Have never lived in Wye, but relatives have, I know it well, and still spend time there regularly. There are more young people there than there used to be. It's close to Canterbury which has quite a lot going on. Also very good train services from Wye (better than the bus I think).

Don't know much about schools, althought the Wye primary school is supposed to be good (my 1st cousin's son goes there).

I think it's a good place, relatively rural, but near Canterbury, and also withing easy striking distance of London, especially now the high speed train link is there.

year8dad Sat 22-Jun-13 20:30:01

Yes, that high speed train does make London v close. We would be 2 miles from Wye. Anyone have any thoughts on private schools in the area apart from St Ed's, KC and King's? And how easy is it to get an au pair who's prepared to live rurally i wonder? Or to get someone to do drop offs and pick ups maybe? Really appreciating all this feedback - thank you.....

lookoveryourshouldernow Sat 22-Jun-13 21:30:08

There is the Ashford School - fee paying - I have had a couple of friends who have sent their children there.

I guess it depends on whether you would prefer Canterbury / Ashford to base your childrens social lives on.

Canterbury schools seem to take children from all over the east of Kent (I think) - so your daughter's friends could live anywhere between Canterbury and the coast...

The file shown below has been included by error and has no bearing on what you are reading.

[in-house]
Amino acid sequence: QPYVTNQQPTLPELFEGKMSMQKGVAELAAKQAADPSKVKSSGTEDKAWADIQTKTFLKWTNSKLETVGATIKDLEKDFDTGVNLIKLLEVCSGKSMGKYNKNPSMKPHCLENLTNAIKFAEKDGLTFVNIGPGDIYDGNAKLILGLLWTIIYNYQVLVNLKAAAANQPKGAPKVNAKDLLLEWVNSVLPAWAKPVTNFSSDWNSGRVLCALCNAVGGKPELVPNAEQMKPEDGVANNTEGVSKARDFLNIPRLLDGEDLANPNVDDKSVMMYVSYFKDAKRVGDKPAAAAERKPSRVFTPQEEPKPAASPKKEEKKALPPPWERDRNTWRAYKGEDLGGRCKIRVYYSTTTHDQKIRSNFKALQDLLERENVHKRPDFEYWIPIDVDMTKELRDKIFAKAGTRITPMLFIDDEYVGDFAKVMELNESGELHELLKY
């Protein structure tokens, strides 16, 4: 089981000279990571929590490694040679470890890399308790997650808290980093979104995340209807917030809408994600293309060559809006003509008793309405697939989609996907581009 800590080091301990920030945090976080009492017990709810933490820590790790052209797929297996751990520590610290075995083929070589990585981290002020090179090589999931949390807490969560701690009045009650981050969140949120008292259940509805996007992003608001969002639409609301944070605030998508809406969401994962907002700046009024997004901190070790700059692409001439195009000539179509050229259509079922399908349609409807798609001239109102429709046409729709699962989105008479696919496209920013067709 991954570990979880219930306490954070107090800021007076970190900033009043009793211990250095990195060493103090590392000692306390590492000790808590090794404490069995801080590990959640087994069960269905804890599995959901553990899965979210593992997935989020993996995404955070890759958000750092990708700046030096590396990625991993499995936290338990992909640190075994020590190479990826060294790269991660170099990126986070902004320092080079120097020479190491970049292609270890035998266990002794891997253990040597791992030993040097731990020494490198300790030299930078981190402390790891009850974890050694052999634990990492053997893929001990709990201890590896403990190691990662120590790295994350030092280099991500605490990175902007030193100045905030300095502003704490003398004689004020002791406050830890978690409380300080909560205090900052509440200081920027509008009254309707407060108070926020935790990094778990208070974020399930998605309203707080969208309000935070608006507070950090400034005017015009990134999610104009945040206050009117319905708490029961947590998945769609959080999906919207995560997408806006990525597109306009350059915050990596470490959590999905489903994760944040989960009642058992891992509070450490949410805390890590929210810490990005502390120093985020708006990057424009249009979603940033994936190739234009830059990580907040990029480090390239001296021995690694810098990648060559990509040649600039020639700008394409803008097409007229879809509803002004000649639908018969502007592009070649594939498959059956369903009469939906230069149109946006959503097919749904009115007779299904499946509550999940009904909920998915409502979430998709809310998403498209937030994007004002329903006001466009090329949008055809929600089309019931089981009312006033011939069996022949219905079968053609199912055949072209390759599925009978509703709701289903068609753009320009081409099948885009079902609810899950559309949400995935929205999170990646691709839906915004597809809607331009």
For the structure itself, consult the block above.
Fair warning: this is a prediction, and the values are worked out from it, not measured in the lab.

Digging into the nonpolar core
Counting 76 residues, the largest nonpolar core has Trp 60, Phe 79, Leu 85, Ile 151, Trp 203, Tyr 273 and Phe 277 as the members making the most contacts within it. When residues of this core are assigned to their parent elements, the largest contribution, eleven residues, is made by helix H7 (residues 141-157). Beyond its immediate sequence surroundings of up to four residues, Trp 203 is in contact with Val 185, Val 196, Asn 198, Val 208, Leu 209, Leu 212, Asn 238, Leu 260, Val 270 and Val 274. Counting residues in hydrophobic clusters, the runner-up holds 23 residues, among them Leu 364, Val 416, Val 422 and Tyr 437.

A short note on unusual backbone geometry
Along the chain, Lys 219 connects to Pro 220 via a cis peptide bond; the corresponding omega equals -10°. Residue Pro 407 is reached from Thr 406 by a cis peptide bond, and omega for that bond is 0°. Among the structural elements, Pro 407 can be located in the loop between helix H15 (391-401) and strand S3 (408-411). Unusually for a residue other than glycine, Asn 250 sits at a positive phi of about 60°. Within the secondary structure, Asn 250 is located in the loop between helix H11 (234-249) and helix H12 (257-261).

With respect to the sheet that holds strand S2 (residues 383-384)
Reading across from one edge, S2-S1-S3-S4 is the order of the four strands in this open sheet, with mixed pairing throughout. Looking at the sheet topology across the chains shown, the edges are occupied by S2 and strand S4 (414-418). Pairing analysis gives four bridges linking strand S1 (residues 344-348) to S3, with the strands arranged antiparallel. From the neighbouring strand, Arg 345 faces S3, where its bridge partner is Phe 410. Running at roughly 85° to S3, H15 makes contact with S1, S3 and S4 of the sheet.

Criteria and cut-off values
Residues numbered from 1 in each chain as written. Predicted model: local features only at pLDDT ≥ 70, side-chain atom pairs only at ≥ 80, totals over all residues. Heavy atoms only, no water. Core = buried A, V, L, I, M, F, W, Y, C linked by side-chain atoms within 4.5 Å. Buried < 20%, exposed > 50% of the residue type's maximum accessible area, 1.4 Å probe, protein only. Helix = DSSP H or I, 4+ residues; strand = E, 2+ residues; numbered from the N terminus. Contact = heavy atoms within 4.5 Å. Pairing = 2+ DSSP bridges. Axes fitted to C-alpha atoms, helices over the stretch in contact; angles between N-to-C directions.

If you sent her to Ashford then I am guessing that her friend base would be between Ashford and Tenterden and beyond .

I am not sure about Au Pairs - I did have a live out Nanny when I was working - but it would have been impossible for her to do the job without a car. Can many au pairs afford to run a car ? Could you provide her/him with a car ? Would you trust them driving your children around - some of the roads around here are fairly rural/remote..

It is a shame re the Schools - as the Simon Langton Girls seems to have a great textile/design course.

Don't forget that if your son goes to School locally and your Daughter in Canterbury then they will basically be travelling in different directions at the same time of day for schools ..

Have you looked at other villages/places around Canterbury but dismissed them ??

year8dad Sat 22-Jun-13 21:53:50

well it's all a bit complicated. We have found a house we love and we are trying to make it work - but struggling! We prefer Canterbury to Ashford generally but missed out on S Langton - maybe we could get in another year. I guess we're trying to see if we can fit a round peg into a square hole. We are both freelance and are often at home a lot with random periods of travel so life can be quite hard to plan, hence au pair thoughts. Getting a bit despondent now!

lookoveryourshouldernow Sat 22-Jun-13 22:19:42

So sorry to rain on your parade sad - as it is lovely in this part of the world... we have lived her for around 20 years having moved down from London but pre-kids...

We have adapted slowly - although I would still love to have a pub within walking distance, a corner shop, a Post Office that didn't need a 12 mile round journey and a company that would deliver a take-away.. and the promise of high speed internet !!!

I am sure if you are determined to make the move you can make it work ..